Selective mutism and autism can co-occur, but they are distinct conditions. Autism is a developmental disorder that affects communication and behavior, while selective mutism is an anxiety disorder affecting the ability to speak in certain environments. However, a child or adult with autism may also develop selective mutism as a response to the stress of social interactions.

Recognizing the Symptoms of Selective Mutism

Recognizing selective mutism can be challenging, but awareness of the symptoms can lead to early intervention. Selective mutism symptoms may include:

  • Consistent failure to speak in specific social situations despite speaking in others.
  • The inability to speak interferes with educational, occupational or social communication.
  • The duration of mutism lasts at least one month (not limited to the first month of school).
  • Failure to speak isn’t due to a lack of knowledge or comfort with the spoken language.

The Causes of Selective Mutism

Understanding selective mutism causes is of paramount importance when it comes to effectively addressing and treating this complex and often misunderstood condition. By delving into the underlying factors that may contribute to a child’s inability to speak in certain social situations, therapists and healthcare professionals can tailor their interventions and strategies to best support the individual in overcoming their communication challenges. In addition, a thorough understanding of the root causes of selective mutism can help to dispel misconceptions and stigma surrounding the condition, promoting greater empathy and acceptance within the broader community.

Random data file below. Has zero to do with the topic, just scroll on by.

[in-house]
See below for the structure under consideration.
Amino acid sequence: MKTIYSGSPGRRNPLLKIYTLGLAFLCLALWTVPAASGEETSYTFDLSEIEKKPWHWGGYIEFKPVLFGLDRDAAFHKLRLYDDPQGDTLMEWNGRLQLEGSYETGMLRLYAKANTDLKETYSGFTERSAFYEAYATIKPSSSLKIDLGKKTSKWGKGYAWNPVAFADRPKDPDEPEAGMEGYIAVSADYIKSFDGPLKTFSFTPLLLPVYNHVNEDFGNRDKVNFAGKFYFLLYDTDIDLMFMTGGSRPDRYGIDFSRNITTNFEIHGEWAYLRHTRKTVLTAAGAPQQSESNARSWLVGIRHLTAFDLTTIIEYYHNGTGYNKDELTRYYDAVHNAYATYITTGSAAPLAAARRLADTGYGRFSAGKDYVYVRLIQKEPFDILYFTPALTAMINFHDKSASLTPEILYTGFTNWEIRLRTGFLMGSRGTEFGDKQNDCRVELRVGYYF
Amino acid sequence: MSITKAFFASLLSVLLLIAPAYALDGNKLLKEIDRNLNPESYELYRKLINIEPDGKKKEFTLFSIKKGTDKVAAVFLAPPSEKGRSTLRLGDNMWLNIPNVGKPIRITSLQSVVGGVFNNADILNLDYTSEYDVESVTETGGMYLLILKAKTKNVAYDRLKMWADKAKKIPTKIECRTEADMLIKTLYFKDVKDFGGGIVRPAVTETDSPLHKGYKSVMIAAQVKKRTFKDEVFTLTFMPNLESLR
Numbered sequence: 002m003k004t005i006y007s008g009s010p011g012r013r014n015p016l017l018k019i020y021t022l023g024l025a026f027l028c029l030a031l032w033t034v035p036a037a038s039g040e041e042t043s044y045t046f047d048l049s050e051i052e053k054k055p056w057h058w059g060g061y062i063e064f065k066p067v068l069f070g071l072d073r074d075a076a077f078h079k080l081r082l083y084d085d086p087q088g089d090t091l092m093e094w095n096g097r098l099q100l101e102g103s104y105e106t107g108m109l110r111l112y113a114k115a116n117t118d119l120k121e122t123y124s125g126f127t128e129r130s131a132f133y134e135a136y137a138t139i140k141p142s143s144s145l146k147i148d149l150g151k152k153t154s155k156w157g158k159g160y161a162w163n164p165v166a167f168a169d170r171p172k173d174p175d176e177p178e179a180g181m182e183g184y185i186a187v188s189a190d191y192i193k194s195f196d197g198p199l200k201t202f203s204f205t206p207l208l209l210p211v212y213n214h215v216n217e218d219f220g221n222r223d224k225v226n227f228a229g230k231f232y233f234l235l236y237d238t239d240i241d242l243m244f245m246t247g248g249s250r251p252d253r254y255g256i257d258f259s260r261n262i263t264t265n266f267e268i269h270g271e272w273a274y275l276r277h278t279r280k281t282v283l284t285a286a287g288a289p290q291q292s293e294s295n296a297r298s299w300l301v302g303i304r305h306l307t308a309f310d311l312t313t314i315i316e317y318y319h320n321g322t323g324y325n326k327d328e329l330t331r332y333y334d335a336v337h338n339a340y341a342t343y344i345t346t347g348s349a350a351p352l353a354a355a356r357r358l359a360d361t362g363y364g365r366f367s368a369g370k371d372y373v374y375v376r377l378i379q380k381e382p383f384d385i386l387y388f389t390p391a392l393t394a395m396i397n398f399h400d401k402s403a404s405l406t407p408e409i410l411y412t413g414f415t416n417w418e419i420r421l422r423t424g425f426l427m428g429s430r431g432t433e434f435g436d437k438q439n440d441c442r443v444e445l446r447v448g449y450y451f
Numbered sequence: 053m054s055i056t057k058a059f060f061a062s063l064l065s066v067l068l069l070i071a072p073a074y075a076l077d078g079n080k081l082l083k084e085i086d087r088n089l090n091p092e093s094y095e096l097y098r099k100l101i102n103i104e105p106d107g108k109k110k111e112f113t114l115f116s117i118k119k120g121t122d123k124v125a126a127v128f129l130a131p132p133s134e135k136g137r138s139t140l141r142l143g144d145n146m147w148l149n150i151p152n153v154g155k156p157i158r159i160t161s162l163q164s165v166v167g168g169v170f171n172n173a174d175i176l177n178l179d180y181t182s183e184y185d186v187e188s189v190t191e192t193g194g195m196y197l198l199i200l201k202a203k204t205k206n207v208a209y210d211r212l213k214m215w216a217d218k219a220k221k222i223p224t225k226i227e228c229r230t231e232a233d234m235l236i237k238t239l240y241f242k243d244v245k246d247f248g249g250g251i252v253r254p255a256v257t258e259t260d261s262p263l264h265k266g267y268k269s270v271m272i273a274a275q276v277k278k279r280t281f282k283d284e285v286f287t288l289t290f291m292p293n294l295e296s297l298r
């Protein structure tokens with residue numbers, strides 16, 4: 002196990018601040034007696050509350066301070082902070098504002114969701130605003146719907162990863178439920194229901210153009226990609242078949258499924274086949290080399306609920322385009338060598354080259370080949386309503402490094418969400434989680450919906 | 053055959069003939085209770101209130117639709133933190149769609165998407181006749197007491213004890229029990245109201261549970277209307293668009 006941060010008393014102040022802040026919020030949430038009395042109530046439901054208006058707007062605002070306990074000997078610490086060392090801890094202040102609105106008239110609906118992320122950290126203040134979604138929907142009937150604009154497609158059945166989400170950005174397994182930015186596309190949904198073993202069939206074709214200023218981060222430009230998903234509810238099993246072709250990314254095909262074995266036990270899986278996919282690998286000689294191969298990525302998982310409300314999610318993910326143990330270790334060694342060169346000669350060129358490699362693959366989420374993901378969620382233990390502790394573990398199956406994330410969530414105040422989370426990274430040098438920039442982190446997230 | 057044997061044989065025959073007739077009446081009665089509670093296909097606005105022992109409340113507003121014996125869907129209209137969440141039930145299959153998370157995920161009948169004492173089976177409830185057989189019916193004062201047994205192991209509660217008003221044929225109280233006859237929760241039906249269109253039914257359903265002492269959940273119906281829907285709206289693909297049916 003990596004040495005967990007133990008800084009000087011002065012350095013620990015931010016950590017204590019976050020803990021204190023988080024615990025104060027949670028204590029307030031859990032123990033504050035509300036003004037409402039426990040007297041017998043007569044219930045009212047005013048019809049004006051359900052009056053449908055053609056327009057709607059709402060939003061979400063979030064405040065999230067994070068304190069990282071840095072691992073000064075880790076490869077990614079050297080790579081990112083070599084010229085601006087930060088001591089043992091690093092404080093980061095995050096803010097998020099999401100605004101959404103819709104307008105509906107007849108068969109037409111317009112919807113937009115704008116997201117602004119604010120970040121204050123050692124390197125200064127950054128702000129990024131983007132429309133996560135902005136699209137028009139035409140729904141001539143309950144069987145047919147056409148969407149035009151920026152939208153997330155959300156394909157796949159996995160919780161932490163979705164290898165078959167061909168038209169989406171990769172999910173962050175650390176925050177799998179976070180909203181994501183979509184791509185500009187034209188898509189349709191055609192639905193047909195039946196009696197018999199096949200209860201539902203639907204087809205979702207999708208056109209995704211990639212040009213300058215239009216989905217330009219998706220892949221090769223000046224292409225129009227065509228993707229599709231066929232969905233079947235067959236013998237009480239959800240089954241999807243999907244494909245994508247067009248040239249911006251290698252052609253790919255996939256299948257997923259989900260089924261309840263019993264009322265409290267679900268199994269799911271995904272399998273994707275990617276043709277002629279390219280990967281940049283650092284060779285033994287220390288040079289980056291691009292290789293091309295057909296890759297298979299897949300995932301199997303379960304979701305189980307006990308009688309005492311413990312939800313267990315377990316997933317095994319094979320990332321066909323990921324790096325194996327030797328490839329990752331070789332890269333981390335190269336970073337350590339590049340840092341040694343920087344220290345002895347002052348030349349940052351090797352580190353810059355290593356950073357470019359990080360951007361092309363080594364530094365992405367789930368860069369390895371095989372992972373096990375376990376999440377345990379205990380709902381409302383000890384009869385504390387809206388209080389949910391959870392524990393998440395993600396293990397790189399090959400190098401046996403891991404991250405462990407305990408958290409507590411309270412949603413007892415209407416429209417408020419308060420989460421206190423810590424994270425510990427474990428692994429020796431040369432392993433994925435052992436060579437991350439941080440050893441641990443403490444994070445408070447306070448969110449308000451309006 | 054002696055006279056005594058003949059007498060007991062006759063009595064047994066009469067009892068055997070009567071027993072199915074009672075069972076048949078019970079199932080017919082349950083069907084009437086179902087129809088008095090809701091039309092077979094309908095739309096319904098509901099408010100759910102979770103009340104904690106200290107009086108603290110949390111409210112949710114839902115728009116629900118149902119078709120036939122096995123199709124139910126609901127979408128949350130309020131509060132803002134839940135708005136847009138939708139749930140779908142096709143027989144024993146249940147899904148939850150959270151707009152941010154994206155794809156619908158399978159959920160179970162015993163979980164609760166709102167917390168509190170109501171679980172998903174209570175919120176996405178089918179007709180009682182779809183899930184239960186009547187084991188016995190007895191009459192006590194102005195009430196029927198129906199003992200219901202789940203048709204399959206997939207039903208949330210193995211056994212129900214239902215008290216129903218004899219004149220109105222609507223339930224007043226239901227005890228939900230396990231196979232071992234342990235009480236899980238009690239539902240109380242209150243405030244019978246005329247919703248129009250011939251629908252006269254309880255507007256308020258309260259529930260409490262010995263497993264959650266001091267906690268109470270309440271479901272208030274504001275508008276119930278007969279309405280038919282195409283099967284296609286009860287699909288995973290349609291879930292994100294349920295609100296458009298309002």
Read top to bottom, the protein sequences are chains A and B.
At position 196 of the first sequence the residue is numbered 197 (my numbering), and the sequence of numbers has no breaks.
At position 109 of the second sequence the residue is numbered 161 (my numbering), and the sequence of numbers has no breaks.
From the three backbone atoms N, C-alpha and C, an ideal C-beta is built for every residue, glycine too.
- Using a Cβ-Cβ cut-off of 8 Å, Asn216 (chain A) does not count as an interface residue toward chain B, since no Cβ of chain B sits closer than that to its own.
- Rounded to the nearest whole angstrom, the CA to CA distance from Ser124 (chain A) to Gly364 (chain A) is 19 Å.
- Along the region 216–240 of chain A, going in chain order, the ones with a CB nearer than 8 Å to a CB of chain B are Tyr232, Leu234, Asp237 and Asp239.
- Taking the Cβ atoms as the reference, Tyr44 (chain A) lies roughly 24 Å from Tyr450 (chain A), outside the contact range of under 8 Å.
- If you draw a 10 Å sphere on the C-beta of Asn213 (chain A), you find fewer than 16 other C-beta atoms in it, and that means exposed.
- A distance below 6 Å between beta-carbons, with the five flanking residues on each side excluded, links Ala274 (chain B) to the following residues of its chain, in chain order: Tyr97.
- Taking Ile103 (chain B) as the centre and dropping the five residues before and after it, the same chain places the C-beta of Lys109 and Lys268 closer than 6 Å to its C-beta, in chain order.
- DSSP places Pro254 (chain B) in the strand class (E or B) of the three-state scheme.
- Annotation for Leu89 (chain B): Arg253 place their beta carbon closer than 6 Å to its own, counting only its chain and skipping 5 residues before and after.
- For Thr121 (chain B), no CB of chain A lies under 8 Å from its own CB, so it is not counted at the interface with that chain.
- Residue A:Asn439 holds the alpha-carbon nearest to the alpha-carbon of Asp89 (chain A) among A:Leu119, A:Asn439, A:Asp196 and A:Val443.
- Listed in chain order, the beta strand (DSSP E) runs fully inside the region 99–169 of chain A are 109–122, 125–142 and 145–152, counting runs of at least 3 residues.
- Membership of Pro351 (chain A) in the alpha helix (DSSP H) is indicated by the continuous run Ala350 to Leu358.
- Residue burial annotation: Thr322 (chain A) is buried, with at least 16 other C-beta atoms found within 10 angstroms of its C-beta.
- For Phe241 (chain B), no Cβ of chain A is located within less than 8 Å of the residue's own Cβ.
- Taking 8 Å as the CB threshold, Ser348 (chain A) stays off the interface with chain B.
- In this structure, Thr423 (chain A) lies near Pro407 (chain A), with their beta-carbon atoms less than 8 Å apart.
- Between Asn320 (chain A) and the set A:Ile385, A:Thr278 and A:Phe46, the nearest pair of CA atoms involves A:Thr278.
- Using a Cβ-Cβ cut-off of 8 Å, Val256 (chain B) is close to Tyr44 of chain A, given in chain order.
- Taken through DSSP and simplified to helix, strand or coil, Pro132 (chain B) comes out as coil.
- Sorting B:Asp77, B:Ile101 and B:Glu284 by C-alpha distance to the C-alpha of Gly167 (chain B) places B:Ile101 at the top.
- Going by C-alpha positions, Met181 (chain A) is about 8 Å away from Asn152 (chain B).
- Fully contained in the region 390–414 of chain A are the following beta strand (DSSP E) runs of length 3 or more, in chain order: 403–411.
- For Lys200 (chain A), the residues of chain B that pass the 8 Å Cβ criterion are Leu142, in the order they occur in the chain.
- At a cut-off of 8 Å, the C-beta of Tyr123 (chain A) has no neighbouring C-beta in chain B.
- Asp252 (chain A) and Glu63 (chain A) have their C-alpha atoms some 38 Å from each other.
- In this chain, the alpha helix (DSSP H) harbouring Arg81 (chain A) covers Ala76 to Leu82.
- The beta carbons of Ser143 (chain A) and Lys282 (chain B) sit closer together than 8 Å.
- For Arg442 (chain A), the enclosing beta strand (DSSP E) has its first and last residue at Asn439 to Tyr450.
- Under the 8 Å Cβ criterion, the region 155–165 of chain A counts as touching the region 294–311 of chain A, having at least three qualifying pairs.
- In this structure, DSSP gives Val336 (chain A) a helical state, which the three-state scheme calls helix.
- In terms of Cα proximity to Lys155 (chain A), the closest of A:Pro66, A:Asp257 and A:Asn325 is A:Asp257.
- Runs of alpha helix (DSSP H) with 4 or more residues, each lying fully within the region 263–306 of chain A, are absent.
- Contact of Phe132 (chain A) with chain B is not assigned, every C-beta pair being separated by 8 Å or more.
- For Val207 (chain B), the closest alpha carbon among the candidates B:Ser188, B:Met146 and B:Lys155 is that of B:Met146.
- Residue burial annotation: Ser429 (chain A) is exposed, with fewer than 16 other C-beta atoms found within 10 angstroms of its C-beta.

Biological and environmental factors

Research suggests that selective mutism may be associated with both biological and environmental factors. These could include:

  • A family history of anxiety disorders.
  • Inhibited temperament.